Meatspace (February 5, 2008)
From Case Studies Wiki
The post is just replicated here to catch all the words for archive purposes, to read the post in its original form and see the links, photos, videos etc., go here:http://www.good.group.shef.ac.uk/blog/?p=65 February 5, 2008 Meatspace Filed under: Tuesdays » GoodPractice @ 3:16 pm Today Tim Herrick posts…I think he makes some very good points indeed. No arguments from me at all. No, nope, na uh.
I’ll fess up. I agreed to do this for Nadine because I wanted to pick up hints on how to make a wiki work. My main experience has been with one my colleague Willy Kitchen set up, connecting tutors in the South Yorkshire area. It got off to a good start, with a few people leading; then faltered; and now seems beached. “I look at it regularly”, one non-contributor told me; “but there’s nothing new, so I leave again”.
I think Nadine’s greatest triumph has been to reduce anxiety around crossing the threshold of new technologies. The symbiosis between the blog and the wiki seems inspired, as does encouraging people to engage with both, via the stick of scheduled blogging and the carrot of the USB wrist-container-Wonder-Woman armband. I wonder if there’s an intentional feeder from the blog - which is a form most academics (am I being too naïve here?) will have encountered and possibly participated in, to the wiki, which perhaps requires just that edge more geekiness. The simplicity of submitting wiki entries is therefore welcome in helping participants over that strange and potentially risky barrier. I want to highlight two reasons why it’s important to emphasise this notion of a threshold. Firstly, it’s what we ask our students to do all the time - not necessarily in the literal sense of asking them to engage with new technologies, but certainly in the broader context of trying new things where other people seem expert. And secondly, because I think we should be aware that not all staff members are going to want to cross the threshold alone.
I was really impressed that the recent workshop on workshops included not just the usual suspects in teaching and learning discussions, but also a new crop of interested parties. (Maybe it was the Yorkshire puddings with caramelised red onions, who knows?) These kind of open, inclusive events are absolutely what we need, and what this blog and wiki should reflect. As technologies, they are geared up precisely for democratic participation and open discussion, and we (you and me, readers) need to facilitate their use as such throughout the institution. This may require interventions in what geeks sometimes refer to as meatspace - the face-to-face interactions of the tangible, corporeal world. Their participatory strengths as technology need to be supported by social, human interactions that help overcome the threshold of anxiety.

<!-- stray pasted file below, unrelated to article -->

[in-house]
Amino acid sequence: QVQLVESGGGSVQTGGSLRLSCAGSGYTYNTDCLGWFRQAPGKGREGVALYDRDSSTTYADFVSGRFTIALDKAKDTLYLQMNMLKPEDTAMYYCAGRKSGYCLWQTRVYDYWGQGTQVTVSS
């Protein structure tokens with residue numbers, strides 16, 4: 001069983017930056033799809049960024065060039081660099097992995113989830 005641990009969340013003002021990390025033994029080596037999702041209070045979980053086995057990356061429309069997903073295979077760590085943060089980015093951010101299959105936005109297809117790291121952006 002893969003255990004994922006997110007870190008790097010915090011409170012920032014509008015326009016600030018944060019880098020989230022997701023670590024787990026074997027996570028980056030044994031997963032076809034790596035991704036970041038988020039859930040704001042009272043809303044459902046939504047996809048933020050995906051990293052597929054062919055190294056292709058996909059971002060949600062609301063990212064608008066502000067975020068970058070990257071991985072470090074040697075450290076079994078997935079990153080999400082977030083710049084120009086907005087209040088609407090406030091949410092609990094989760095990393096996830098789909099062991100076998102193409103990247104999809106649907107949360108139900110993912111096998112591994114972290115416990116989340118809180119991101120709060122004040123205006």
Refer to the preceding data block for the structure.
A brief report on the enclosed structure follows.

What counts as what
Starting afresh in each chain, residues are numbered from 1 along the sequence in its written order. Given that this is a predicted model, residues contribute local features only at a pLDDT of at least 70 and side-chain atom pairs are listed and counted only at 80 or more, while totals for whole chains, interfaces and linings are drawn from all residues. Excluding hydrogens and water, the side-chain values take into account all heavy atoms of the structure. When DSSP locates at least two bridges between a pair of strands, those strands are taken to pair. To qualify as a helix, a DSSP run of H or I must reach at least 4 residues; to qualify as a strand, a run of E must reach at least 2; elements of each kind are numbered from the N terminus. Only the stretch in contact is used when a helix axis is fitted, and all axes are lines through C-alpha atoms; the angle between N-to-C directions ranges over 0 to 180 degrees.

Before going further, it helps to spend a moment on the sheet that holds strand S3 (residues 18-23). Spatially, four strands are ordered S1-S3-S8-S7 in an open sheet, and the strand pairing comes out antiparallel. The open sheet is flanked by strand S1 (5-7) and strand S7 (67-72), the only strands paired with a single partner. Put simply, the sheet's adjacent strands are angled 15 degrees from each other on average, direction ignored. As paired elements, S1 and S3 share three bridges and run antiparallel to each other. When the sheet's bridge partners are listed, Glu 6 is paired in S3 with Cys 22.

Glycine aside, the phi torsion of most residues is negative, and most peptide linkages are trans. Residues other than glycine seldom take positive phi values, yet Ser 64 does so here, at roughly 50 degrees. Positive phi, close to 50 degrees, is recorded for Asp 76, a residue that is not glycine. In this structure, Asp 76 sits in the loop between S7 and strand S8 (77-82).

So, a suggestion. Each and every one of you reading this blog should talk about the case studies blog and wiki with someone in your department who is interested in teaching and learning, but hasn’t really got involved. Share one of the excellent examples you’ve come across on the wiki; or one of the blog entries that really made you think. Talk to your colleague first; then send them a link as a follow-up, or suggest they come to one of the workshops. Hold the (metaphorical) door open for them, and let them know it’s worth coming in. This project is a precious space for discussing teaching and learning, and we need to keep it as broad and participative as possible. What I suggested to my colleague above who’d been visiting the wiki but not contributing was that maybe others had been doing the same thing. We all want to talk about learning, but it can be tricky to find someone to start off. So if not you, then who?
Tim Herrick, TILL
One good turn deserves another Tim. So here’s a free hint on wikis for Tim and all of you interested…I am setting up a “how to” workshop on wikis (for the Case Studies Project and in your teaching) shortly. Details to come within the next couple of weeks, keep coming back and reading to find out more. If you work more by learning, simply send me a Case Study and I’ll give you your own personal tutorial. Yup. It’s that easy. A Case Study for one-on-one wiki time.